In Tegucigalpa, Honduras, some 500,000 to 700,000 workers and farmers demonstrated in solidarity with the Resistance Front and against the current Pepe Lobo regime, which they see as a continuation of the coup regime that overthrew Manuel Zelaya last June 28. The march in the capital was the largest of a dozen in the Central American country.

Activists and trade unionists interviewed about the march on YouTube said that “90 percent of the Honduran people are with the resistance.” Since June this resistance has unified all the progressive movements in Honduras against the pro-coup regime. They demand a Constituent Assembly that would be an organ of popular power.

The main obstacles to this people’s power are the Honduran army and the support the U.S. and other imperialist powers give the Lobo regime. The massive May Day protest has shown the tremendous potential of the resistance movement to reverse this balance of power.

In Venezuela, President Hugo Chávez announced a 15 percent increase in the minimum wage this May Day. The May 1 Wall Street Journal headline read: “Venezuela May Day Celebrations Draw Chavez Fans, Opponents.” What it left out was that the opponents numbered 200, while the “fans” were closer to a half million.

President Evo Morales in Bolivia celebrated the day by announcing the nationalization of three power companies and one utility that had been privatized. Elsewhere in South America and the Caribbean, there were more traditional May Day marches, though there were sharp clashes with police and arrests in Chile and Colombia.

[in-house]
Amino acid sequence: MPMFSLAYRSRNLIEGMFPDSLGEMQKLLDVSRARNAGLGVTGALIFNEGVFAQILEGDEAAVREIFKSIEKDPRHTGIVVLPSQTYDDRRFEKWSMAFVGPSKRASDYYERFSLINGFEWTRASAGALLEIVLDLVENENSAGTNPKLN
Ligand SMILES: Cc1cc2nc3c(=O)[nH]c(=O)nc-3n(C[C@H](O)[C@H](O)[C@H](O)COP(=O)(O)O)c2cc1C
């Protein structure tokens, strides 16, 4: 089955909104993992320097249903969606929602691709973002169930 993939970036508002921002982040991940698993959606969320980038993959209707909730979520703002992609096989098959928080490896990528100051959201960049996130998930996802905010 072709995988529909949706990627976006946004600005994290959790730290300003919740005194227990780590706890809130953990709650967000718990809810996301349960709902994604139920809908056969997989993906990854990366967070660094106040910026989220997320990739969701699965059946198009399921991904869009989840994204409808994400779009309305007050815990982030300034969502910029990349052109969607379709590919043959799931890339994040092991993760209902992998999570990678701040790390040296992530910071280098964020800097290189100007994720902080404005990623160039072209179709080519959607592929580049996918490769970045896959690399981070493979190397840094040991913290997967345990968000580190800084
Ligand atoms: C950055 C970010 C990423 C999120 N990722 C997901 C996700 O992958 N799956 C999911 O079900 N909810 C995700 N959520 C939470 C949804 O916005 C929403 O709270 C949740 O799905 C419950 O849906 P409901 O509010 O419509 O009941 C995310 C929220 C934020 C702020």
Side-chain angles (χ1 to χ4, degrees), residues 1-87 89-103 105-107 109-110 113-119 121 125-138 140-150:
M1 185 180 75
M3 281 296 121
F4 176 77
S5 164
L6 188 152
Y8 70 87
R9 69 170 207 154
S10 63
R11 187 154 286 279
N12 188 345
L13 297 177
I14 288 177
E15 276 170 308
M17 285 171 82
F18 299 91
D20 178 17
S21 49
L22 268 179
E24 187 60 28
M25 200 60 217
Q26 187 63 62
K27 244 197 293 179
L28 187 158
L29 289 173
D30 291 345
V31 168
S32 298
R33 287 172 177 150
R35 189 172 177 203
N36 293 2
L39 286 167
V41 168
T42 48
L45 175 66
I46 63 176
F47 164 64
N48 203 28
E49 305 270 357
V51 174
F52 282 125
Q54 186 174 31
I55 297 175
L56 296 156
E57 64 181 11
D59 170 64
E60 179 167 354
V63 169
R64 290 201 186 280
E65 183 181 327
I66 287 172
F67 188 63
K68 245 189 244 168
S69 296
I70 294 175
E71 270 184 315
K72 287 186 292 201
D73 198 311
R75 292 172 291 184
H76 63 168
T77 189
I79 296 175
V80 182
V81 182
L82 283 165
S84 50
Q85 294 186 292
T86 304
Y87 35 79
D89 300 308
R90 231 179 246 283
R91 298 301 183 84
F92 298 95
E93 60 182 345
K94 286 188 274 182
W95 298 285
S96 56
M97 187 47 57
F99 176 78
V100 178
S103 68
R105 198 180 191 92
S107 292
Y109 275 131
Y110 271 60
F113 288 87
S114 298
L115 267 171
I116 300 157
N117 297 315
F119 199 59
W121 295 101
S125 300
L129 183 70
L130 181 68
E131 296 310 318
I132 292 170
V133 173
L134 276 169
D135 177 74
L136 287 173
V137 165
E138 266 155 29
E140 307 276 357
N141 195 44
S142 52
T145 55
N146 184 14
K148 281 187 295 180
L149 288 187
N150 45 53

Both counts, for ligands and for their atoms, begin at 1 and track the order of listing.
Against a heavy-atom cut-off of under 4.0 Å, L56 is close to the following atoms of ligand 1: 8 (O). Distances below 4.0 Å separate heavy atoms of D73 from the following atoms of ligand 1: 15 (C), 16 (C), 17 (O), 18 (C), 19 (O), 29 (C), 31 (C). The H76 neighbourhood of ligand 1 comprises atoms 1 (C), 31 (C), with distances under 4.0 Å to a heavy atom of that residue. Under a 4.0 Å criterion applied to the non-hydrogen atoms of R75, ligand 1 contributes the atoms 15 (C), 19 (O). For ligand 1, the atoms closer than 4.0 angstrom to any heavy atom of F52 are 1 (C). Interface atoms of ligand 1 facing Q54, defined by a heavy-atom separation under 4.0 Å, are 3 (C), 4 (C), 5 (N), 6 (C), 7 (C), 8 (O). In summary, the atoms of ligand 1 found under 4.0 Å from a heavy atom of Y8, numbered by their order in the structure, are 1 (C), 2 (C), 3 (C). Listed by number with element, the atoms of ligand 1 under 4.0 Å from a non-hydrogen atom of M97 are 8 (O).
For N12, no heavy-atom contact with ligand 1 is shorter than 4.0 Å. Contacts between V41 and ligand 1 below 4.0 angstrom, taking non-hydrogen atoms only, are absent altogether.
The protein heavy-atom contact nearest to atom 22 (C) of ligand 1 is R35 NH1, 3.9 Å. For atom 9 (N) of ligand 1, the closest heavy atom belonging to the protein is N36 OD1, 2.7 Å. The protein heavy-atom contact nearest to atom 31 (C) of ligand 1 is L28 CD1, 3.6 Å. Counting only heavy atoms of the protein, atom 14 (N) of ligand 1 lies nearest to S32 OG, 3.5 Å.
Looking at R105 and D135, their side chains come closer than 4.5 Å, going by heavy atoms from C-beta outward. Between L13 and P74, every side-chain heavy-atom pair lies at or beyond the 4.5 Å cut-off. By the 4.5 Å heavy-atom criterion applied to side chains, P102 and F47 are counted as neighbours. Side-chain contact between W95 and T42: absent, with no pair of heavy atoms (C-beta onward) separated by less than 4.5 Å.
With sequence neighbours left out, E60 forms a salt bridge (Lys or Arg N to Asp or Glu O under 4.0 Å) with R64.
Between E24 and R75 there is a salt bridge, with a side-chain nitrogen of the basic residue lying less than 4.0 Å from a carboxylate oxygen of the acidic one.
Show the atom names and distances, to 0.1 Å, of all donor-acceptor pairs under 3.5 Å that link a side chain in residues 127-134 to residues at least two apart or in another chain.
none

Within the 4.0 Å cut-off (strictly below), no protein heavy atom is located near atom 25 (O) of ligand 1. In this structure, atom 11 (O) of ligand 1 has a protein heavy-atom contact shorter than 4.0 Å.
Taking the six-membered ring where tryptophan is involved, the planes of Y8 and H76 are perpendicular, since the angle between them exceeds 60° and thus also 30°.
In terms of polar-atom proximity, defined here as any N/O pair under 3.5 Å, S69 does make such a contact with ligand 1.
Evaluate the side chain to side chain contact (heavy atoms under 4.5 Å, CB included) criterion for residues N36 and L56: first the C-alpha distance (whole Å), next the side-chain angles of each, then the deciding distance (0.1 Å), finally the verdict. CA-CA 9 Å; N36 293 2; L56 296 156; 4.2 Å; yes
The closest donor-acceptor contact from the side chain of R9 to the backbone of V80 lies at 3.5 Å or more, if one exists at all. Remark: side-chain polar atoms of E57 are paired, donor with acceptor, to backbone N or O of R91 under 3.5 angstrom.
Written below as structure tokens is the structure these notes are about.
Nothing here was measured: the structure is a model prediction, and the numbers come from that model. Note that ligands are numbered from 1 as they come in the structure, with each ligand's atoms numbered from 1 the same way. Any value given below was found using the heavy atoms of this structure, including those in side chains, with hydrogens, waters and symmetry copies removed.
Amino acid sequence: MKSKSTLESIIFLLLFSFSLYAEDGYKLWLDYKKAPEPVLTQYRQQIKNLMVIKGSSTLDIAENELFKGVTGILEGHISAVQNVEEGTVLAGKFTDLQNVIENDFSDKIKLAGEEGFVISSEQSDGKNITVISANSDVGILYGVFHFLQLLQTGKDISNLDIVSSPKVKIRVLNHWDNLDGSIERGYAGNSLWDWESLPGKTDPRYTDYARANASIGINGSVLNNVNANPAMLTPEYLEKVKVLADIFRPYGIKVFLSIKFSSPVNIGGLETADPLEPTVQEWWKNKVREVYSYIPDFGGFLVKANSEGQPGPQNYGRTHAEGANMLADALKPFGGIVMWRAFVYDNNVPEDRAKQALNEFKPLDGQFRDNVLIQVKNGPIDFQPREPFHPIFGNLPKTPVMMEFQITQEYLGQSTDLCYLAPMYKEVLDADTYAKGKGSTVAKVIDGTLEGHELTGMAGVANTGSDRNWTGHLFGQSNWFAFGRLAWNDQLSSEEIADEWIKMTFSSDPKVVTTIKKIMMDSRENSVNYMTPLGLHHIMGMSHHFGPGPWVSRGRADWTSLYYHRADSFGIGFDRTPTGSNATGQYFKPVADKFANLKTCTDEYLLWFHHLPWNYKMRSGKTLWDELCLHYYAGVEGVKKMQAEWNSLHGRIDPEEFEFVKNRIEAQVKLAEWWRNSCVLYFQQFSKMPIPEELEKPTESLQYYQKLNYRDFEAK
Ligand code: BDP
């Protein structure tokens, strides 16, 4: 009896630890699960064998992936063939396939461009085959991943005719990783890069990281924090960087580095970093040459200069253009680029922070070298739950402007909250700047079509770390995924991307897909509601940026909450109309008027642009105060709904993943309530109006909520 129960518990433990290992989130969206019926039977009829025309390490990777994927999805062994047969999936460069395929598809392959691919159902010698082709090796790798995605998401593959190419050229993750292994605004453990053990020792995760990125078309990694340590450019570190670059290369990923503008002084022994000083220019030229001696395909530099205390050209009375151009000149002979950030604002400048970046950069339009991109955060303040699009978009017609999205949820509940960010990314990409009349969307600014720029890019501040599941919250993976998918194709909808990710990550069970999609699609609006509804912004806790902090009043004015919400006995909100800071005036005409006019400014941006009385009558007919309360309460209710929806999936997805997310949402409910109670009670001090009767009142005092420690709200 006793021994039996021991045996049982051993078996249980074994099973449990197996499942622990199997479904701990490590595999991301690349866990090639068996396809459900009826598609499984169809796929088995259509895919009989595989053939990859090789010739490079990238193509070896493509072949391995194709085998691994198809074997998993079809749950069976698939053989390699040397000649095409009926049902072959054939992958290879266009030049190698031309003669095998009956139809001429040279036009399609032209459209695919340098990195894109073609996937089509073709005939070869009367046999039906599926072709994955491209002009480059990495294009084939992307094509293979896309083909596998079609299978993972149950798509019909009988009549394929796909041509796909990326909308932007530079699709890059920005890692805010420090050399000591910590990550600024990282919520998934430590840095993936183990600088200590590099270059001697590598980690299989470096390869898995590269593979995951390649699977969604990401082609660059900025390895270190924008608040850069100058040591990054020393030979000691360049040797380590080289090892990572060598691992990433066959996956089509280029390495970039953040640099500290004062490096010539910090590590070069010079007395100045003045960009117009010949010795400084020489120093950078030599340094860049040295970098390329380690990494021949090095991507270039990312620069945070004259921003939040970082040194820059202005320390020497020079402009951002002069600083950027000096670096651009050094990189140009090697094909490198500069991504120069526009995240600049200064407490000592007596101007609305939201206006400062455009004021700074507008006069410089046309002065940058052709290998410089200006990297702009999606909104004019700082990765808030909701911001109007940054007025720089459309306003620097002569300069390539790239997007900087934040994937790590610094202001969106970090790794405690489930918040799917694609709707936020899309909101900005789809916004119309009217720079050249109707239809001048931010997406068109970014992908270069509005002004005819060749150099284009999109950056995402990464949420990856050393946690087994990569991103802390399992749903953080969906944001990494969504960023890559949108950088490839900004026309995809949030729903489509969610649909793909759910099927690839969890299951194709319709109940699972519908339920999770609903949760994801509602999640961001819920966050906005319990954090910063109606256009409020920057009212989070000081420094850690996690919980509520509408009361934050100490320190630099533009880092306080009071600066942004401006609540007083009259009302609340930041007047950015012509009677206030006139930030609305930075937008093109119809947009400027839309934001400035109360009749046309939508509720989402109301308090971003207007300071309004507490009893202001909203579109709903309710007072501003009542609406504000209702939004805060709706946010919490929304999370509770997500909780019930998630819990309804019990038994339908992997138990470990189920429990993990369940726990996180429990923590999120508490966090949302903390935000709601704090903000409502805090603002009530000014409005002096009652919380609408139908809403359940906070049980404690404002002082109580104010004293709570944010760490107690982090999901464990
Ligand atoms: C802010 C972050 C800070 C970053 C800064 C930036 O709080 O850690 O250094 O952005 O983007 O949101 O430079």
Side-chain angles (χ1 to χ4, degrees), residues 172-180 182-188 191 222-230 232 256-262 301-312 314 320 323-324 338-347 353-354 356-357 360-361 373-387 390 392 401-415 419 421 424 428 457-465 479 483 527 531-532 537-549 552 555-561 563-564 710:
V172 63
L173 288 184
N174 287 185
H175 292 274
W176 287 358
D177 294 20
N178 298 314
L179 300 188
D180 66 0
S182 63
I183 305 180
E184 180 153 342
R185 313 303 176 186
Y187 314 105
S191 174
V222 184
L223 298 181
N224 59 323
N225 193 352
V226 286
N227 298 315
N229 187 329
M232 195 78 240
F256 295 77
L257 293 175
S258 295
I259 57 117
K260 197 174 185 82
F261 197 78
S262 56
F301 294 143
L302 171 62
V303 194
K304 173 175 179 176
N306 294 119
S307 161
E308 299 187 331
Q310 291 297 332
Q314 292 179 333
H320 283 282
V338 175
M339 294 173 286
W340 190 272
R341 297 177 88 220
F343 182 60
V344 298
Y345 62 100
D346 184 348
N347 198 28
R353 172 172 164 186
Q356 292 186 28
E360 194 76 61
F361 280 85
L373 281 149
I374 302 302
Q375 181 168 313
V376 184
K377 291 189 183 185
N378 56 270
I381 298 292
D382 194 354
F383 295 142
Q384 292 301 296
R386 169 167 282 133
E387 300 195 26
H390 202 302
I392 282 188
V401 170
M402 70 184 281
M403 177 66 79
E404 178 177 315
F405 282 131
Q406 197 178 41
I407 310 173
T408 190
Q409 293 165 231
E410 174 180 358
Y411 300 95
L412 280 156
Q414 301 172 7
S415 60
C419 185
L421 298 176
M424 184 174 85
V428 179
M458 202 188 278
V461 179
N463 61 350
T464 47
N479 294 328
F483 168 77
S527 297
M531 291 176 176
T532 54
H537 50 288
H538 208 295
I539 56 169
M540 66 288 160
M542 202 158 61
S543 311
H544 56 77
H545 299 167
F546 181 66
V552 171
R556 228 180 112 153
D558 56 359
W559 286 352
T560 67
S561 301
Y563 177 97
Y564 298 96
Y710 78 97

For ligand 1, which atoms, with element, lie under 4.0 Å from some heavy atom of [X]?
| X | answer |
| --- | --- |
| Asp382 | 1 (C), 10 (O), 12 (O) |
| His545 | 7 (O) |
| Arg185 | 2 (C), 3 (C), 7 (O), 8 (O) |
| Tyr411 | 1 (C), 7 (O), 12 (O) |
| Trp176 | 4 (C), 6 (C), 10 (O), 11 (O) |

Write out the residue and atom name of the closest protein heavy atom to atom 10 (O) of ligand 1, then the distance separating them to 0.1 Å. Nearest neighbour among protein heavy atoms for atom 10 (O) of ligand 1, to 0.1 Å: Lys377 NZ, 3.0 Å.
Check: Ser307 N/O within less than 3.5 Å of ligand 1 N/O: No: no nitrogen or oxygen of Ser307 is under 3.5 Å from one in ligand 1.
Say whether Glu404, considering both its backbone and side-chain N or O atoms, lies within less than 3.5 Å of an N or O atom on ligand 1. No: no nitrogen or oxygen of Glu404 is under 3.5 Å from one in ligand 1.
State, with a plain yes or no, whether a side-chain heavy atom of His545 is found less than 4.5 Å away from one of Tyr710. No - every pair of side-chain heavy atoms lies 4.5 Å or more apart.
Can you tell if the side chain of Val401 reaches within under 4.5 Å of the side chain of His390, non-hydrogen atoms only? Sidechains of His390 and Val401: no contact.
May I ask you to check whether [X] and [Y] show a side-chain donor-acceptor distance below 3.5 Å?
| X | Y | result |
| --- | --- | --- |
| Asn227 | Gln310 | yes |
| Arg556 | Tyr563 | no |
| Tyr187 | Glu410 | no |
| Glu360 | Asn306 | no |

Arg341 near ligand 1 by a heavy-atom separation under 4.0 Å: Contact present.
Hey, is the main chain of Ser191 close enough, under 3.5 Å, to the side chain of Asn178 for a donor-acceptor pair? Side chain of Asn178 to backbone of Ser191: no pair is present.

One million defend Cuba

The usual massive and enthusiastic May Day march in Havana, Cuba, had a special element this year. In the past few months the imperialist regimes and media not only in Washington but in the European Union have waged a campaign of lies and calumny against the Cuban government and the socialist system on the island.

The imperialists took the anti-socialist writings of one blogger, the suicide of one prisoner — just think of what happens in U.S. prisons in comparison — and the actions of a half dozen “women in white” and blew them all out of proportion.

Thus it was refreshing that once again a million people in Havana, with President Raul Castro presiding, and more in other Cuban cities gathered to show unity against this concerted imperialist attack.

Class struggle in Europe

In Europe, the first sharp test between big capital and the working class is unfolding in Greece, where an European Union-International Monetary Fund loan depends on the Greek government’s forcing severe austerity on the Greek working class. It was no surprise then, that in Athens and Thessaloniki workers were on the move and young anarchists battled police.

The Communist-led unions insist that the rich should pay for the crisis caused by their capitalist system and by the plundering by the financiers, and not the workers. They have held four limited general strikes so far this year, and the struggle over the austerity program is just beginning.

In the West European countries expecting to be next hit by the debt crisis, protests were also strong. Some 90,000 workers marched in Lisbon, Portugal, and another 20,000 in Porto. The mood was combative, according to local observers. In Spain, where official unemployment hovers around 20 percent, there were also street demonstrations.